When those brain lymphs are congested — because of digestive-related  gut lymph congestion, which is where the lion's share of the lymph in the body is located — the brain lymphs can't drain, and they've now been linked directly to anxiety, depression, cognitive decline, infection, inflammation and autoimmune conditions … We have a real problem in the lymphatic system because of weak digestion."

To improve lymph health, you can use beets, most greens, polyphenol-rich berries such as cherries, blueberries and mulberries, and certain herbs, including red root and manjistha. Movement will also improve lymph flow, and a rebounder is great for this. To optimize glymphatic flow, be sure to get enough sleep, as your brain can only detoxify during deep sleep. Douillard goes into a number of other strategies as well in his book.

Once Digestion Is Properly Restored, Wheat May Be Reintroduced

In addition to my own work, I also wanted to address the potential perceived conflict between what Douillard is promoting in his book "Eat Wheat," and Dr. David Perlmutter's recommendations, detailed in "Grain Brain," and other books. Perlmutter actually interviewed Douillard recently, and appears to be willing to embrace many of Douillard's notions. You can listen to this interview on LifeSpa.com.

"David is an old friend of mine as well. He was delighted to have this debate" Douillard says. "I really feel like this issue of wheat or non-wheat … really needs to be talked about in an open forum.

People can hear the science on both sides, because there is science suggesting that whole wheat (not refined wheat) is actually quite beneficial, and there's science that says it could be risky and dangerous. We need to understand it more. The only way to do that is with dialogue.

Dr. Perlmutter was great. I think he totally got the idea that it is the digestive breakdown. His contention was stop eating wheat because it's hard to digest, and my contention was, 'OK. But let's fix the digestive system. Then maybe we could eat healthy wheat and not take the grains out of our diet,' which is exactly what you're saying.

I think it's really great to see us all coming on board with the same philosophy. For 30 years, I have been helping people reboot digestion and go from not being able to eat wheat or dairy to being able to eat wheat and dairy. I know it's very possible and people can pull this off.

I also know when they do that, the ability to detoxify … is significantly enhanced. That, we don't want to go without. We don't want to go without ability to detoxify our body naturally. Doing a detox is a very important piece of the puzzle as well, but we have a natural detoxifying system that we have to optimize on a regular basis. That comes from rebooting digestive strength."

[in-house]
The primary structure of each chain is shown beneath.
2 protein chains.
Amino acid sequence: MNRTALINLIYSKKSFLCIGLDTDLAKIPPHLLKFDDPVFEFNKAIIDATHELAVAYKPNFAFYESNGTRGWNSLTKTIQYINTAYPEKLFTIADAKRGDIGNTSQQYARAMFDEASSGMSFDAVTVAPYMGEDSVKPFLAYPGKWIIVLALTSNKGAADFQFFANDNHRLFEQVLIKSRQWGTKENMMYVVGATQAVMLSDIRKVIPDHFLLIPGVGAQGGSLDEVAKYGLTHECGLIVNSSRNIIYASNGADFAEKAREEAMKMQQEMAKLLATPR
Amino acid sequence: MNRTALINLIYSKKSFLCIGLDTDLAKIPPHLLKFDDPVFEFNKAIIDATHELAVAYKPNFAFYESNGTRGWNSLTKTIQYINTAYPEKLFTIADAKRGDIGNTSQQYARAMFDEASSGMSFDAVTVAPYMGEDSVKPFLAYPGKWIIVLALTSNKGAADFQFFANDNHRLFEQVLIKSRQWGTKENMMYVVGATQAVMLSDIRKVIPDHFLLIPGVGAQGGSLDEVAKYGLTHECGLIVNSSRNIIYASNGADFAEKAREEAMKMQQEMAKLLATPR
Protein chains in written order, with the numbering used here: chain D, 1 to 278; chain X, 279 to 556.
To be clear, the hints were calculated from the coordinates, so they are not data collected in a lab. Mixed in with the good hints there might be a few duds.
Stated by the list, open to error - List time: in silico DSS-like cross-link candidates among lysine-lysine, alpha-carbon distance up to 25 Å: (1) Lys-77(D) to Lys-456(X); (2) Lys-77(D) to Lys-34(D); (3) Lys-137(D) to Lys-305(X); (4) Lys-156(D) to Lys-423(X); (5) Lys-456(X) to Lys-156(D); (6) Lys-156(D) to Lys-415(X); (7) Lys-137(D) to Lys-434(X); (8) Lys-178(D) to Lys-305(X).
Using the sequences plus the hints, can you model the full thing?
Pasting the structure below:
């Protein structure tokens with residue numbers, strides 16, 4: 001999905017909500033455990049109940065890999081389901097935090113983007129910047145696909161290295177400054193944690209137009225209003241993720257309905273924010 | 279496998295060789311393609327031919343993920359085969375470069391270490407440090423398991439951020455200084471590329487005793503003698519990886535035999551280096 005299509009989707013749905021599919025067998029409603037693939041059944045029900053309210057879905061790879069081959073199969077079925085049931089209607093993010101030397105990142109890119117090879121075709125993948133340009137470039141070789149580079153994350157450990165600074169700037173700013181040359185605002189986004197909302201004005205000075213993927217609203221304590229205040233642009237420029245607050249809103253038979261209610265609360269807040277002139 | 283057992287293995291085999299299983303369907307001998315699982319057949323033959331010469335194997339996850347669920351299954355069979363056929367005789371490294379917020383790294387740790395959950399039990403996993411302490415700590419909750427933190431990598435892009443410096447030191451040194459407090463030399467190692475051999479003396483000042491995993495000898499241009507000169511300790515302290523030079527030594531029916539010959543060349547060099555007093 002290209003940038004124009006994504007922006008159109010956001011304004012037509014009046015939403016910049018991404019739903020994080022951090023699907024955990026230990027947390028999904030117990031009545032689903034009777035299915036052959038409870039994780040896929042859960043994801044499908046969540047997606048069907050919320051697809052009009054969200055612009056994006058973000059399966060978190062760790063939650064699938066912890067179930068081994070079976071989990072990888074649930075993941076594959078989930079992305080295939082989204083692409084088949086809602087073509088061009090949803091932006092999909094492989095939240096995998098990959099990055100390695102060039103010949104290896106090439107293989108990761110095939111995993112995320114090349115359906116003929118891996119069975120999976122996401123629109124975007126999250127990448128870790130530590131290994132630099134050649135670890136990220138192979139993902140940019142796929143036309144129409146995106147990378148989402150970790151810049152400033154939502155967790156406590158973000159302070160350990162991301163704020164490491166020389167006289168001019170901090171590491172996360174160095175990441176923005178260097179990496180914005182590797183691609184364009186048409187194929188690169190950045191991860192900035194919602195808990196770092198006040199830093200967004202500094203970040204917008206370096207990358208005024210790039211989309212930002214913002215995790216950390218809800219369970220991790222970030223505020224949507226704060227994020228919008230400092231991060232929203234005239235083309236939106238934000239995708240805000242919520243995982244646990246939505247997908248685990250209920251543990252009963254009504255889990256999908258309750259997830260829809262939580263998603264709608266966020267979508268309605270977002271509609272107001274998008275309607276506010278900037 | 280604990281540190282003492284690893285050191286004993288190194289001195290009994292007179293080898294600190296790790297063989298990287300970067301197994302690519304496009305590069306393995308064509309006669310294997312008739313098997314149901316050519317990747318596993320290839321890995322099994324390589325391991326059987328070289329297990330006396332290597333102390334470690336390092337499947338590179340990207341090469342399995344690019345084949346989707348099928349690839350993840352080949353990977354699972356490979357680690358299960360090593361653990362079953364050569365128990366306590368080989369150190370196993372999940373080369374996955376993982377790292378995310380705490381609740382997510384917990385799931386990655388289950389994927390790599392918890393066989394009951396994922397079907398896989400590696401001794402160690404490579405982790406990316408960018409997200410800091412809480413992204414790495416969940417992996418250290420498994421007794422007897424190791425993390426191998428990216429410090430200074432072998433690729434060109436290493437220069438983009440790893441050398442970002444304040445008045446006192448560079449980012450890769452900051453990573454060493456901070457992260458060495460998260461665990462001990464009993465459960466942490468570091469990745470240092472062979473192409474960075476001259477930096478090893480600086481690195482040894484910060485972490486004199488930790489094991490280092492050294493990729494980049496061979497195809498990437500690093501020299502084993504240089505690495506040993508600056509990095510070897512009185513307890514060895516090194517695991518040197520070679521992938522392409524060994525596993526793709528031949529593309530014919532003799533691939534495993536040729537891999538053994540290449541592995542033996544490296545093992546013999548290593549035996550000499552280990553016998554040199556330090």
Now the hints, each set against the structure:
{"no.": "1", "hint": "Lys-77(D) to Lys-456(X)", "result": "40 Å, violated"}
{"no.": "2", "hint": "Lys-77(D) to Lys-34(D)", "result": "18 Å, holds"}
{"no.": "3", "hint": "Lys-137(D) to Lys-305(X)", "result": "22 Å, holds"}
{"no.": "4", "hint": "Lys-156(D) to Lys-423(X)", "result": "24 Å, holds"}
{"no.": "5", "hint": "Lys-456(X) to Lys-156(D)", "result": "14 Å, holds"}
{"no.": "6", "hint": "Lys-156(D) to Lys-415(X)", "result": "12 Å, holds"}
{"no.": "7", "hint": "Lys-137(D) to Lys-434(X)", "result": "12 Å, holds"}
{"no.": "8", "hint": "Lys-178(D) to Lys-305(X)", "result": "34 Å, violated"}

Refined Wheat Versus Whole Wheat

You may have heard the term "wheat belly." Douillard believes a more appropriate term would be "sugar belly." Refined, processed wheat has a high glycemic index, which is in part why it has been blamed for increasing your risk of everything from belly bloat to Alzheimer's and cognitive decline.

However, some studies show whole wheat may actually reduce cognitive decline, protect against Alzheimer's and reduce the risk of type 2 diabetes. Part of this may be related to the fact that whole wheat has a much lower glycemic index.

"I think that the biggest thing that we can do, in addition to getting rid of processed food … is to look at the amount of sugar we're eating, and get that out of our diet the best we can. We have one taste bud for sweet. We have 300 taste buds for bitter … People are addicted to [sweet] taste. We can break that addiction by actually bringing the body back in the balance.

One of the ancient principles from that perspective is to have all six tastes with each meal: sweet, sour, salt, pungent, bitter and astringent.

Each of these tastes provides a different type of emotional support. We leave the meal emotionally stable and balanced, not craving a dessert because the meal provided you with all these six tastes, and therefore fed you emotionally in a complete and balanced way. Balanced meals are really important," Douillard says.

"That's where I have a little issue with the Paleo diet, because the Harvard anthropologist will tell you that the Paleolithic people didn't eat just meat and vegetables. They definitely had grains and tubers and carbohydrates in their diet.

I also agree with you. We have to first reset fat burning as a primary source of fuel, because you can't just eat a bunch of fatty foods and then eat a bunch of good, healthy carbohydrates. That's too many calories, too much fuel, and we're going to store that fuel as fat. We have to reset the function first and then we can go back to being balanced. That starts with rebooting digestive strength."

More Information